Just sitting beside someone who is ill is sometimes all the support they need.
©Photobank / Adobe Stock
Did you know that your friends and family are all secret magicians? That they can disappear or materialize at the incantation of one single word?
The magic word?
It’s not abracadabra.
He is dying of cancer
I’ll admit, I was one of those so-called magicians. Last summer, my Uncle Kenny received the news that no one expected: the chemo pill he was taking was no longer working. He could either choose intravenous chemo or let the disease take its course. He chose the latter.
I might not have done a complete disappearing act, but I discovered I was suddenly able to make excuses appear at the drop of a hat. I couldn’t come visit because I had to work (exaggeration). I’d try to make it up to visit as soon as possible (probably not).
This wasn’t the first bouts of awkwardness I’d experienced with my uncle.
A helicopter engineer in the army, he’d been deployed more than his fair share of Thanksgivings and Christmases. I remember dreading my turn to talk to him when the phone was passed around at holiday celebrations–the one opportunity we had to cheer him up while he was away.
My civilian brain never knew the right thing to say. I’d wish him a ‘Merry Christmas,’ and he’d remind me it wasn’t very merry for him. I’d tell him I was looking forward to his visit home at New Year’s, and he’d bark at me for revealing classified information on an unsecured line.
After the cancer diagnosis, I felt even more awkward. I knew even less of what to say. Though he’d been stateside for years at this point, I felt the same uncomfortable silences I’d felt on the phone at all those holidays. But the crazy thing that I realized was: that was okay.
Cancer is awkward and angry and weird and unfair. Yet, it’s important to feel those feelings and still show up every day.
Five nuggets of advice
Even though he is dying of cancer, luckily, I realized all this in enough time to spend the last week of my uncle’s life with him. I don’t have a manual to help you get through visits with your own loved one. But I can offer a few nuggets of advice, from my experience, that might convince you to head to the hospital a few more times, or hang around a bedside just a few minutes longer.
1. Show Up (For Real)
One of the most important things I realized is that showing up isn’t just the best thing to do: it’s the only thing you can do. You can’t cure cancer. You can’t make anyone come to terms with their own morality. You probably can’t even make anyone feel better. All you can do is be there. Bear witness and be there. That’s all.
2. It’s Not You, It’s Cancer
When you start feeling like your cancer patient friend or family member doesn’t want you around, remember this mantra: it’s not you, it’s cancer. When your loved one becomes angry or irritated, don’t get defensive (it’s not you, it’s cancer). If your loved one happens to fall asleep in the middle of your story, tell yourself that it’s probably not you. (Though you may want to keep your stories shorter and sweeter from now on; your loved one actually doesn’t have to the end of eternity to listen to your saga on your gripes about the carpool lane.)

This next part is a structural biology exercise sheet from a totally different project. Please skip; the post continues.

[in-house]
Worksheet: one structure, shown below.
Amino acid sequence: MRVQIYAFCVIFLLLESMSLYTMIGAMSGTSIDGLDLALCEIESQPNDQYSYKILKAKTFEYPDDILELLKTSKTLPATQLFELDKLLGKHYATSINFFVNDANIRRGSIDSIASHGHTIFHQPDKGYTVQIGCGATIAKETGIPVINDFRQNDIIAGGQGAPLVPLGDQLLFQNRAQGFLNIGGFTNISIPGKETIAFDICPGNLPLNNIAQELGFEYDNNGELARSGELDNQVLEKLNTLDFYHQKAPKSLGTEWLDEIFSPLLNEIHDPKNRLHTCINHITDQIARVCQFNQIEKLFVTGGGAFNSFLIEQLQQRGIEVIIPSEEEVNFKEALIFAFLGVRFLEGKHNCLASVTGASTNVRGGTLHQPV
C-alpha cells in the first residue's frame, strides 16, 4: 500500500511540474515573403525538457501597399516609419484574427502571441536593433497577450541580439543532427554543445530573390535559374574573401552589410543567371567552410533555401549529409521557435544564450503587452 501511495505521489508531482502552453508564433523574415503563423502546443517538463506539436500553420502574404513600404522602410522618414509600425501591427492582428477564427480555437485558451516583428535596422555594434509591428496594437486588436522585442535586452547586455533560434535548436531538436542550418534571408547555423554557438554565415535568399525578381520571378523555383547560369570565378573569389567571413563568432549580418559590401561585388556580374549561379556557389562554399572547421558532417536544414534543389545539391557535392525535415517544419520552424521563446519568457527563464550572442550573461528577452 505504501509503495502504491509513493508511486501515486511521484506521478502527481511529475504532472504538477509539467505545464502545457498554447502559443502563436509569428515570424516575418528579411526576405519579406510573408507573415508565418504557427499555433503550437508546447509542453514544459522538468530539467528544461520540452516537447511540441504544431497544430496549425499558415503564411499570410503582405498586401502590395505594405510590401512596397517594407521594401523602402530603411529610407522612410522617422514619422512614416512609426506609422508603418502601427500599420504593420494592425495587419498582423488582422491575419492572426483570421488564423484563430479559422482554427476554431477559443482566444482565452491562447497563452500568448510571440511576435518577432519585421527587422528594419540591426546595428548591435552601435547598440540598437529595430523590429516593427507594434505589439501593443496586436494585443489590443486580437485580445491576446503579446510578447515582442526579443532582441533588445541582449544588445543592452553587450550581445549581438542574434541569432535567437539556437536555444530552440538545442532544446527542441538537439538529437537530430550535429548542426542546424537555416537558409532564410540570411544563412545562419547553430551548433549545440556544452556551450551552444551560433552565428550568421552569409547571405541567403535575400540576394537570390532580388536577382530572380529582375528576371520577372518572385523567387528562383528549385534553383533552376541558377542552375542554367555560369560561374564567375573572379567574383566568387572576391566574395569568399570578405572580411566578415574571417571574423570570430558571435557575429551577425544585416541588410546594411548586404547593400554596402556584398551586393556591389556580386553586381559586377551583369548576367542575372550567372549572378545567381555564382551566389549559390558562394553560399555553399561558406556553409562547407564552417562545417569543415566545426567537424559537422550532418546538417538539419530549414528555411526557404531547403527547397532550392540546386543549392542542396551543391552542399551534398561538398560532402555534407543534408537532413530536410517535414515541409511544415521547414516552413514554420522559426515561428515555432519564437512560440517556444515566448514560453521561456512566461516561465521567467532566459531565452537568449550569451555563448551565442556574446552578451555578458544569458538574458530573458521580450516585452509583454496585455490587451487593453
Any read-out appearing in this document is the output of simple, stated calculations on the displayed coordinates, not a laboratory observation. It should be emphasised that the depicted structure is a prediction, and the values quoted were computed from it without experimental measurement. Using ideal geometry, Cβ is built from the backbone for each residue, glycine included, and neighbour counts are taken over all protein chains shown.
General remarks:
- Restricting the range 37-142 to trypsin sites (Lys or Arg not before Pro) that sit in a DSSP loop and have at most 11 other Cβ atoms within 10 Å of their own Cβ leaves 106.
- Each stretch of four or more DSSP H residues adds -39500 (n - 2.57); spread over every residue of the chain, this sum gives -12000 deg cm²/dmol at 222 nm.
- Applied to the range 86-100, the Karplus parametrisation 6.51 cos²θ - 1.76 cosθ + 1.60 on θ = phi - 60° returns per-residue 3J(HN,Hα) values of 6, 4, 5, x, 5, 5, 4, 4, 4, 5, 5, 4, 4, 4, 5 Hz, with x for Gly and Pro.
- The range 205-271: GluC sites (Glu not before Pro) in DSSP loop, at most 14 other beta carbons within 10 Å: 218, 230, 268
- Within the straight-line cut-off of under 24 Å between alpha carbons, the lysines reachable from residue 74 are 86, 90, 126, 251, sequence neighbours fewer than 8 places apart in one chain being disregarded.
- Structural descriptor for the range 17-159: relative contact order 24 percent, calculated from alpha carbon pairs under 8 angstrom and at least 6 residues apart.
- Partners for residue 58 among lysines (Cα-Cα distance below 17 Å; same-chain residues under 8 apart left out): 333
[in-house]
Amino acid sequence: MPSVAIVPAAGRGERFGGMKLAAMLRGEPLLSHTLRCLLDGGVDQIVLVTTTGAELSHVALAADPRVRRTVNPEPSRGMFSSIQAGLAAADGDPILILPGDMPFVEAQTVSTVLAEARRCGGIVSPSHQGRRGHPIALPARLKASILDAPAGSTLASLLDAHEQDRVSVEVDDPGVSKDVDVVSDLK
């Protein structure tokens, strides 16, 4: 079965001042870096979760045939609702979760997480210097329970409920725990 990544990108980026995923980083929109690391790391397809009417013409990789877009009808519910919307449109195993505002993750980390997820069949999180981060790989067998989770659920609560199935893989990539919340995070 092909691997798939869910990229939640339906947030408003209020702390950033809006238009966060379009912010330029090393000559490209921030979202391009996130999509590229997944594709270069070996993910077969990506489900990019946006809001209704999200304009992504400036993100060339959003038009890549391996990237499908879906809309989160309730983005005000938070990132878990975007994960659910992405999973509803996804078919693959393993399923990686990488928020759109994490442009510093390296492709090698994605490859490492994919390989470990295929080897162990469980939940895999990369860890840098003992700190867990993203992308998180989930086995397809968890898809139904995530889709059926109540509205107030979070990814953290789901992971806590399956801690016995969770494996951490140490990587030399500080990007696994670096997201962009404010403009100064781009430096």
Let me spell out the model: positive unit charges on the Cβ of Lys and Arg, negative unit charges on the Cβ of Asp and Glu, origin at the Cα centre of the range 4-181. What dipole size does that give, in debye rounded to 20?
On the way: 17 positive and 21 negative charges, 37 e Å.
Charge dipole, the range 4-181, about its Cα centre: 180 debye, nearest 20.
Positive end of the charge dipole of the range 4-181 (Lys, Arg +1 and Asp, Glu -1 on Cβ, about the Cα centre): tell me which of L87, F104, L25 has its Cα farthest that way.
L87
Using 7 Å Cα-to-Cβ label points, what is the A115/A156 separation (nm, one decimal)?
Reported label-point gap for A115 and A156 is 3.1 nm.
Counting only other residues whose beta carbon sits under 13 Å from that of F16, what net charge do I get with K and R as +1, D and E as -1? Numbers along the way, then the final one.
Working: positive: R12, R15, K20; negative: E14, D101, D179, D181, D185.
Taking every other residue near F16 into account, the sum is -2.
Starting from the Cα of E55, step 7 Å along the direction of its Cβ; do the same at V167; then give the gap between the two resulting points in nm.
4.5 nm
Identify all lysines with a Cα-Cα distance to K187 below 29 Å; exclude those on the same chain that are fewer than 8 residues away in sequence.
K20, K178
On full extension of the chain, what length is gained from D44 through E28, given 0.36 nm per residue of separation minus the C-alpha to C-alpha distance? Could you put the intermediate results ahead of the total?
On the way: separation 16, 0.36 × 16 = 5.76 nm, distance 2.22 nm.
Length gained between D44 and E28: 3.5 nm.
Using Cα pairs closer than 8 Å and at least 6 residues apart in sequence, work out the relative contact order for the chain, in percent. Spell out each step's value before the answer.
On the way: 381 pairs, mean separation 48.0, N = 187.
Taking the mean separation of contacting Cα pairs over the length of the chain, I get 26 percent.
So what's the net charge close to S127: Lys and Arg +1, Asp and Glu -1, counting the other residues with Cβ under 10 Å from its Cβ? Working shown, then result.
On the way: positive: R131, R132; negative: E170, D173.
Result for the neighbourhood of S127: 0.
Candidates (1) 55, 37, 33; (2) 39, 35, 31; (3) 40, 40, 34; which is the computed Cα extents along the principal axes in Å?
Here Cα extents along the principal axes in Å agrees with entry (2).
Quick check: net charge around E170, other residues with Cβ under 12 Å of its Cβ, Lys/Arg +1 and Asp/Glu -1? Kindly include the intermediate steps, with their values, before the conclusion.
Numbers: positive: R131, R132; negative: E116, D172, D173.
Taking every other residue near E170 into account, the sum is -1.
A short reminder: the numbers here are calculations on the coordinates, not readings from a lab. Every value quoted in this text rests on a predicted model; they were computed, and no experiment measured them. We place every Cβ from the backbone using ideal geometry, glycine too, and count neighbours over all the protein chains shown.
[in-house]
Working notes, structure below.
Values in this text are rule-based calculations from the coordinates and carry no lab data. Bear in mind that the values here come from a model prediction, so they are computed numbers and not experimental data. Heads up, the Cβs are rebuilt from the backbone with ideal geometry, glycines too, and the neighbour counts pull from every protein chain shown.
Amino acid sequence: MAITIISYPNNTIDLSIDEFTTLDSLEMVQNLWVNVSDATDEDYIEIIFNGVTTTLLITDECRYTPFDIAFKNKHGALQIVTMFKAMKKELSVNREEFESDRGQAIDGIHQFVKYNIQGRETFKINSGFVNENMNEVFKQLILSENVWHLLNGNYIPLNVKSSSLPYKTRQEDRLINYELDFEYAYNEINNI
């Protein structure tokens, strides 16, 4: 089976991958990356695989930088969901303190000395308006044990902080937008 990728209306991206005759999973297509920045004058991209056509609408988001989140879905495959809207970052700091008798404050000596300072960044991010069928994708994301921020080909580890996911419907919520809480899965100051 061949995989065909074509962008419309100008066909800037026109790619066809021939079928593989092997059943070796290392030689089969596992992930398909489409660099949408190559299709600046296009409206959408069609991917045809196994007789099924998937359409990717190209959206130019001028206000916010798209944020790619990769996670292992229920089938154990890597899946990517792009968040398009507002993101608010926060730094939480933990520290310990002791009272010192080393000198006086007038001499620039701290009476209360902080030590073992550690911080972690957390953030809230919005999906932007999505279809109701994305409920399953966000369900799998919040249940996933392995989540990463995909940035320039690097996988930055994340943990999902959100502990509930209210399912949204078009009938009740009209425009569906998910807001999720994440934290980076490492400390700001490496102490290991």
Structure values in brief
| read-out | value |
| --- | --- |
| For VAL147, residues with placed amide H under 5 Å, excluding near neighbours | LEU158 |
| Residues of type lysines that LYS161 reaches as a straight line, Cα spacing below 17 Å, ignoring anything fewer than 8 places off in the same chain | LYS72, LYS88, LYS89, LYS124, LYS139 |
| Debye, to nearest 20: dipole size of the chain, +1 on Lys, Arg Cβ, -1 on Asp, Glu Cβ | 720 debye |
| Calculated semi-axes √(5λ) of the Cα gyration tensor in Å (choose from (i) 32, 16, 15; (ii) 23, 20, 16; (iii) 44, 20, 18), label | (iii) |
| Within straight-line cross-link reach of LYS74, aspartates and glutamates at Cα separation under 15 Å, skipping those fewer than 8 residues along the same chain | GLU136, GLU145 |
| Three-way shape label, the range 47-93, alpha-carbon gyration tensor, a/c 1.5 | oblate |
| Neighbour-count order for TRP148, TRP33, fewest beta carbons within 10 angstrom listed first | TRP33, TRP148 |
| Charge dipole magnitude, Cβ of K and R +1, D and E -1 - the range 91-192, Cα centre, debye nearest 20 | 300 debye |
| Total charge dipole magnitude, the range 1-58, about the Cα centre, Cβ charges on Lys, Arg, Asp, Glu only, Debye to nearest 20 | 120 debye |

3. You’re Not Supposed to Feel Comfortable
If you were supposed to feel good about it, they wouldn’t call it cancer. Get ready to hunker down because the only thing you can guarantee with the big C is that things are going to get weird. In fact, if you feel too comfortable, you might be doing this all wrong. That being said, you will feel brief moments of joy, appreciation, and contentment throughout the journey. But they probably still play second fiddle to the awkward moments. Get used to them and be okay with them.
4. Don’t Follow Everyone Else
Remember when Mom asked, “If everyone else jumped off a cliff, would you jump off too?” She’s smart. Don’t tell yourself that it’s okay not to show up because Aunt Peggy hasn’t shown up yet. Definitely, don’t make the excuse that you can leave early because your sister-in-law only stayed for a few minutes–and she’s closer to your cancer-ridden relative anyway. Do what feels right for you. There’s no easy answer, and there’s no how-to book to follow.
5. It’s Not Just About the Patient
Yes, the person with cancer gets to do whatever he darn-well pleases. Yes, it’s important to pay attention to him and shower him with love. But, remember, there are other people who need a little love at this time, too.
I realized that even though my uncle wasn’t conscious most of the time, my aunt needed me there. And so did my dad, my sister, and my cousins. In fact, I needed them there for me, too.
Dealing with my uncle’s death was a way to connect with my own fears around dying. I also know that even though I only see my family a few times a year, I know they will always be there for me.
Faced with the choice between ensuring the members of my tribe live well, and making sure that they die well, I’d choose the latter any day of the week.
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